A scoping review of psychosocial interventions to reduce internalised shame

Susanne Norder, Shanara Visvalingam, Peter J. Norton, Melissa Norberg*

*Corresponding author for this work

Research output: Contribution to journalArticlepeer-review

3 Citations (Scopus)


Objective: Internalised shame has been linked to psychopathology and consistently identified as a predictor of poor treatment outcomes and premature therapy termination. We conducted a scoping review of therapist-delivered psychosocial interventions to reduce internalised shame to learn how to improve outcomes for individuals experiencing shame. Method: Six bibliographical databases were searched for studies measuring internalised shame pre- and post-treatment. We screened 6846 abstracts; 42 full-text manuscripts were retrieved, with 16 studies meeting the inclusion criteria. Of these, 10 studies examined between- and within-subject effects, and 6 studies exclusively examined within-subject effects. Results: Twelve of the sixteen included studies reported small to moderate within-group reductions in internalised shame. Between group analyses showed that shame interventions may be more effective than no treatment or treatment as usual, but not more effective than an active comparator. Conclusion: Successful treatments often involved psychoeducation, experiential exercises, and techniques to increase social support and emotional expression; however, study quality was weak to moderate and the importance of each of these techniques for reducing internalised shame was not determined.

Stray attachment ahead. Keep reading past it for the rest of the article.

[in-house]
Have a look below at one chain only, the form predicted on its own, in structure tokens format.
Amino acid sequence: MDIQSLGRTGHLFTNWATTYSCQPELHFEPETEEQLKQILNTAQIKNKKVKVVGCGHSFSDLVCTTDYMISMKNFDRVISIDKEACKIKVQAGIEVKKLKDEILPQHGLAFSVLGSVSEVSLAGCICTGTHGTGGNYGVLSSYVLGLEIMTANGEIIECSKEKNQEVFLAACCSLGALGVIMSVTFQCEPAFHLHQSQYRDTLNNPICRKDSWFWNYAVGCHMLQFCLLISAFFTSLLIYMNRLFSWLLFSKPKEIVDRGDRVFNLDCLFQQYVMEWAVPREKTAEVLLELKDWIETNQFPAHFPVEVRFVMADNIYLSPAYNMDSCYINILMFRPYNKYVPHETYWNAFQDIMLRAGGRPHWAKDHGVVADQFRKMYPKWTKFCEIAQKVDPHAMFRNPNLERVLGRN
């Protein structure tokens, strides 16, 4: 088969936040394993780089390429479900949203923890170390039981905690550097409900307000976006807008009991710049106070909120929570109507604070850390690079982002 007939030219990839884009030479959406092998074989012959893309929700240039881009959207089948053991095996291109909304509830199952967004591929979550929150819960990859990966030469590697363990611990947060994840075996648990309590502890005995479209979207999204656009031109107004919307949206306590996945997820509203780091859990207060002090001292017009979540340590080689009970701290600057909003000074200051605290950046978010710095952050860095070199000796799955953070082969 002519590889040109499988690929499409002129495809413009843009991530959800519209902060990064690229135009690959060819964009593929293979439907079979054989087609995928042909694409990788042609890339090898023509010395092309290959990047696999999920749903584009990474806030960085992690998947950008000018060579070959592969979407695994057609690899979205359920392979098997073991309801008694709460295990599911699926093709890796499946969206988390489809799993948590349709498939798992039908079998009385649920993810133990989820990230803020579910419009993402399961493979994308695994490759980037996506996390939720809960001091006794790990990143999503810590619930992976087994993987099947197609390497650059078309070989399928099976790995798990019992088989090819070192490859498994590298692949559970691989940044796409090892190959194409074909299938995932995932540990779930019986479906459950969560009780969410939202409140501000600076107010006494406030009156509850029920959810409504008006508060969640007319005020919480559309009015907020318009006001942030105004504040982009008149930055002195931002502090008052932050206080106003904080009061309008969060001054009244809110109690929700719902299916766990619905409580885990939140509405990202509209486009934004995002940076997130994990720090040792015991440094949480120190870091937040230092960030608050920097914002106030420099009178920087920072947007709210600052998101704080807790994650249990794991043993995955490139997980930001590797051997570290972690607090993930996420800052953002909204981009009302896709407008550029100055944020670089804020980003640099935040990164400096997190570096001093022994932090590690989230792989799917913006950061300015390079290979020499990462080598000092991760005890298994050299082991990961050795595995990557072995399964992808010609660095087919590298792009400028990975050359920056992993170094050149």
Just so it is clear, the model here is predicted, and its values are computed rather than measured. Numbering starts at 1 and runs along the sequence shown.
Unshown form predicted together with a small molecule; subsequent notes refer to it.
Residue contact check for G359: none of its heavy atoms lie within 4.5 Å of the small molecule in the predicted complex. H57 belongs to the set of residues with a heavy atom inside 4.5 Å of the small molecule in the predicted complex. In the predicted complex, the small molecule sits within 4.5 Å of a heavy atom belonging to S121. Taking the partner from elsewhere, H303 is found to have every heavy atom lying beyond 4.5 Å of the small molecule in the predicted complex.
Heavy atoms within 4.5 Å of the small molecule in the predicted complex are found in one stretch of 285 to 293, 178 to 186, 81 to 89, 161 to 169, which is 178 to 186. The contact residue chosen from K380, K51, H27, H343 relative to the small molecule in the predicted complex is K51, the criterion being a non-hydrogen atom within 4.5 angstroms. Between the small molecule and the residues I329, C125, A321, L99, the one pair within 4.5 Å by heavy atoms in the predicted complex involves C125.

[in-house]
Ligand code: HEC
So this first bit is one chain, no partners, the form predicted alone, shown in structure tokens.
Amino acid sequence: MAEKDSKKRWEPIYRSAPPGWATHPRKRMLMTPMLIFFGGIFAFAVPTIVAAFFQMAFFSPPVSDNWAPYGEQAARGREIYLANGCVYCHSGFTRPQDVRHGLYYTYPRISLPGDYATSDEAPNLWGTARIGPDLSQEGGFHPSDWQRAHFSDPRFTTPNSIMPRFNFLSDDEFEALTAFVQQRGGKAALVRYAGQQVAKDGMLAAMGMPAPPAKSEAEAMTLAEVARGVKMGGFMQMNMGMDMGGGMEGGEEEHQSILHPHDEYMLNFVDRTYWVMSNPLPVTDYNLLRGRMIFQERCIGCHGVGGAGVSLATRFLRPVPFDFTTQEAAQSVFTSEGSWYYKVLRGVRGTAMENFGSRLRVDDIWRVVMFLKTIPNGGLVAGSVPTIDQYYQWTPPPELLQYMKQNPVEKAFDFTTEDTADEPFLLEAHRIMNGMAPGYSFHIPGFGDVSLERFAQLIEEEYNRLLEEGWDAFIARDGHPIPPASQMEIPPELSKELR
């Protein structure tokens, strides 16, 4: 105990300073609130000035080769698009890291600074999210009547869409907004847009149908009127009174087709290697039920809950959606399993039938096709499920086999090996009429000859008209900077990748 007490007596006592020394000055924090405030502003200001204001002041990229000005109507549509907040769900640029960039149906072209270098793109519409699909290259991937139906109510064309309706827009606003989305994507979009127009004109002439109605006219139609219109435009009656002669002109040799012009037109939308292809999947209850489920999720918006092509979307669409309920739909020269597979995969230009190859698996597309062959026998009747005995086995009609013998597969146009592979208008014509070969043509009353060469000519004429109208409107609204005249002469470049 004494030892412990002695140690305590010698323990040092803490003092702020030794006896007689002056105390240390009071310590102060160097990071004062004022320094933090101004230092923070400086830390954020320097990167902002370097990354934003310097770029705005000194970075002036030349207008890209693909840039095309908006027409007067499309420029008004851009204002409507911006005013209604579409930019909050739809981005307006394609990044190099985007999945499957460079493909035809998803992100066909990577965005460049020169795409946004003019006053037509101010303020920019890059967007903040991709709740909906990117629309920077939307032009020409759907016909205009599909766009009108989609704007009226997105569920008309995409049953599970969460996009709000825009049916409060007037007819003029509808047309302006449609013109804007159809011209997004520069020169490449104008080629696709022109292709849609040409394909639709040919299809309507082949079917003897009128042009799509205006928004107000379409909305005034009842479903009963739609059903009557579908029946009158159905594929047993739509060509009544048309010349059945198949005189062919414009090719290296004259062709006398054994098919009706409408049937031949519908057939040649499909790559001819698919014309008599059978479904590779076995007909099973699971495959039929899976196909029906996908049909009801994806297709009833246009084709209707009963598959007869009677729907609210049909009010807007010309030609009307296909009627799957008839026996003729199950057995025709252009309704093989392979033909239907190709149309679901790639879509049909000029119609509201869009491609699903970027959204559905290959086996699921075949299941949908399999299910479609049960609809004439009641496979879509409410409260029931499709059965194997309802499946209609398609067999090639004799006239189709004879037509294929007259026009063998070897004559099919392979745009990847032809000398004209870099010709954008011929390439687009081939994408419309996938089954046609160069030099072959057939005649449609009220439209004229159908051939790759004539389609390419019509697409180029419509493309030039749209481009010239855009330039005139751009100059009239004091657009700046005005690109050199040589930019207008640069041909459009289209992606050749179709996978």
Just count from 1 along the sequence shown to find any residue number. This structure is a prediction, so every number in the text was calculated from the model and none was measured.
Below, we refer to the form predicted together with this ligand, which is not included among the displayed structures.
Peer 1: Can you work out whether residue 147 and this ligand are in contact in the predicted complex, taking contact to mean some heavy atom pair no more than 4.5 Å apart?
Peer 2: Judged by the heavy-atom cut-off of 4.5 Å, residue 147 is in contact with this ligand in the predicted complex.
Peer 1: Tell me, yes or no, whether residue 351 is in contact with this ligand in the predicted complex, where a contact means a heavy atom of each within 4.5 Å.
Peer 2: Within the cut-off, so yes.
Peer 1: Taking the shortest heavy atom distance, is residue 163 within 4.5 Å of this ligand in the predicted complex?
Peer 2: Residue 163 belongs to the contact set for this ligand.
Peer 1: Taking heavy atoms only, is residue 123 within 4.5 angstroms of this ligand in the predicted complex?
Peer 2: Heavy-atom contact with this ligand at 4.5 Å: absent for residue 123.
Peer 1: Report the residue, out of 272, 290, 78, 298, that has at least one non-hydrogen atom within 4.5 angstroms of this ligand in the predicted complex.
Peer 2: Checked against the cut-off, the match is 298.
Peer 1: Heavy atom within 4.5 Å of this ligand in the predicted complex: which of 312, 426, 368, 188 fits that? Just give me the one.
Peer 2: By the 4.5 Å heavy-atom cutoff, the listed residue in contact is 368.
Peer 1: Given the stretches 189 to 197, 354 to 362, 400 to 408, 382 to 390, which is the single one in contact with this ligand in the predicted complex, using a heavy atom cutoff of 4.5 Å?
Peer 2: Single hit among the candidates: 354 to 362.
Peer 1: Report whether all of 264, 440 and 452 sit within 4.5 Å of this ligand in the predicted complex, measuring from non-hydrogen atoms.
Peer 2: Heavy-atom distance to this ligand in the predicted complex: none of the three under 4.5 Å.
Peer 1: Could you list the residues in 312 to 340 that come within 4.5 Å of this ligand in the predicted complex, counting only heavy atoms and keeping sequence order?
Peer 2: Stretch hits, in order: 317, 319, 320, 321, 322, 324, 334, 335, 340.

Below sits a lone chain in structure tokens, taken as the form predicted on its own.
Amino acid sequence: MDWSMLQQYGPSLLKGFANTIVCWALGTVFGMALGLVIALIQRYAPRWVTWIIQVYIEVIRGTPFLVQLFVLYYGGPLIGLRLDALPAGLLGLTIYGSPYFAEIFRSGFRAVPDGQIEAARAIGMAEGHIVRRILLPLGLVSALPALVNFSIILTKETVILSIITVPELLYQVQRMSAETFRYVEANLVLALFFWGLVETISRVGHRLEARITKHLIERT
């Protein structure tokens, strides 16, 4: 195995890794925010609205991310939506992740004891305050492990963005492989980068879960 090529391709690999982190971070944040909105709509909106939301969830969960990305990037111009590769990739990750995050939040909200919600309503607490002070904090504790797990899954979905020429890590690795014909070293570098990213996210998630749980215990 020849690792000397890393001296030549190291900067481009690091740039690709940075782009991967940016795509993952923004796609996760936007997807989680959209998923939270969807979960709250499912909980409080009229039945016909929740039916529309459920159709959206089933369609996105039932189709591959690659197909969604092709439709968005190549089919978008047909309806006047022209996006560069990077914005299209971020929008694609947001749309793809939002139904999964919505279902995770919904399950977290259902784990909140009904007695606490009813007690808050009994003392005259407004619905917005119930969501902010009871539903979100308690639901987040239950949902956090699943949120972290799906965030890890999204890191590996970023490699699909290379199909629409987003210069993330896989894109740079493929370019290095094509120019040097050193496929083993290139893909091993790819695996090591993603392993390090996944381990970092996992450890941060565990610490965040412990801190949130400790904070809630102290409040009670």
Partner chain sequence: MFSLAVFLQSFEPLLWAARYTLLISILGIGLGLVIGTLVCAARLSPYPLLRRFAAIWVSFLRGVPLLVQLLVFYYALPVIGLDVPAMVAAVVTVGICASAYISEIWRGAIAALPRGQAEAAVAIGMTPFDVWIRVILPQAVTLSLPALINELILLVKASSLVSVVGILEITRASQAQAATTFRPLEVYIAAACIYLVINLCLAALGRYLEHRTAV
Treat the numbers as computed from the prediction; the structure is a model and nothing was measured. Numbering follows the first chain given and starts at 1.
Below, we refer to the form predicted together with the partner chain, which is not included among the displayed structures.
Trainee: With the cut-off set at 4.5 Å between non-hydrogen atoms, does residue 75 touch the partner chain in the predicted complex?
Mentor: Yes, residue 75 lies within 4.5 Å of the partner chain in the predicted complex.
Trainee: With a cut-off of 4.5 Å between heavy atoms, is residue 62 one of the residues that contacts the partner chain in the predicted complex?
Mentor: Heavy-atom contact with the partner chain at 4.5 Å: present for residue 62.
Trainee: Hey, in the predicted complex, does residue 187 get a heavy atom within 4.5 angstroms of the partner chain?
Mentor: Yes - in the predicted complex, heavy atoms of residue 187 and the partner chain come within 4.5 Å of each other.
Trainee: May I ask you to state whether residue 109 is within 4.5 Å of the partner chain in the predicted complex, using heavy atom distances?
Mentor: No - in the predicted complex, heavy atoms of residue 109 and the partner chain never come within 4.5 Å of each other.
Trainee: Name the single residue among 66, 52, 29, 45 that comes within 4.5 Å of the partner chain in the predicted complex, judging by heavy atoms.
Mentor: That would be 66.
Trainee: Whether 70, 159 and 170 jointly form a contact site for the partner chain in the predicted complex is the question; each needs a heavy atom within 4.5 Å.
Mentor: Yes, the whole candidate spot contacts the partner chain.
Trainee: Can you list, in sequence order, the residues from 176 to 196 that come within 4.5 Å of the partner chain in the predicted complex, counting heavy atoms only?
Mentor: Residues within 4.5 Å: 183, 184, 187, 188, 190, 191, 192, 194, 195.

Original languageEnglish
Pages (from-to)131-145
Number of pages15
JournalPsychotherapy Research
Issue number2
Early online date15 Jun 2022
Publication statusPublished - 17 Feb 2023


  • internalised shame
  • psychosocial interventions
  • treatment efficacy
  • scoping review


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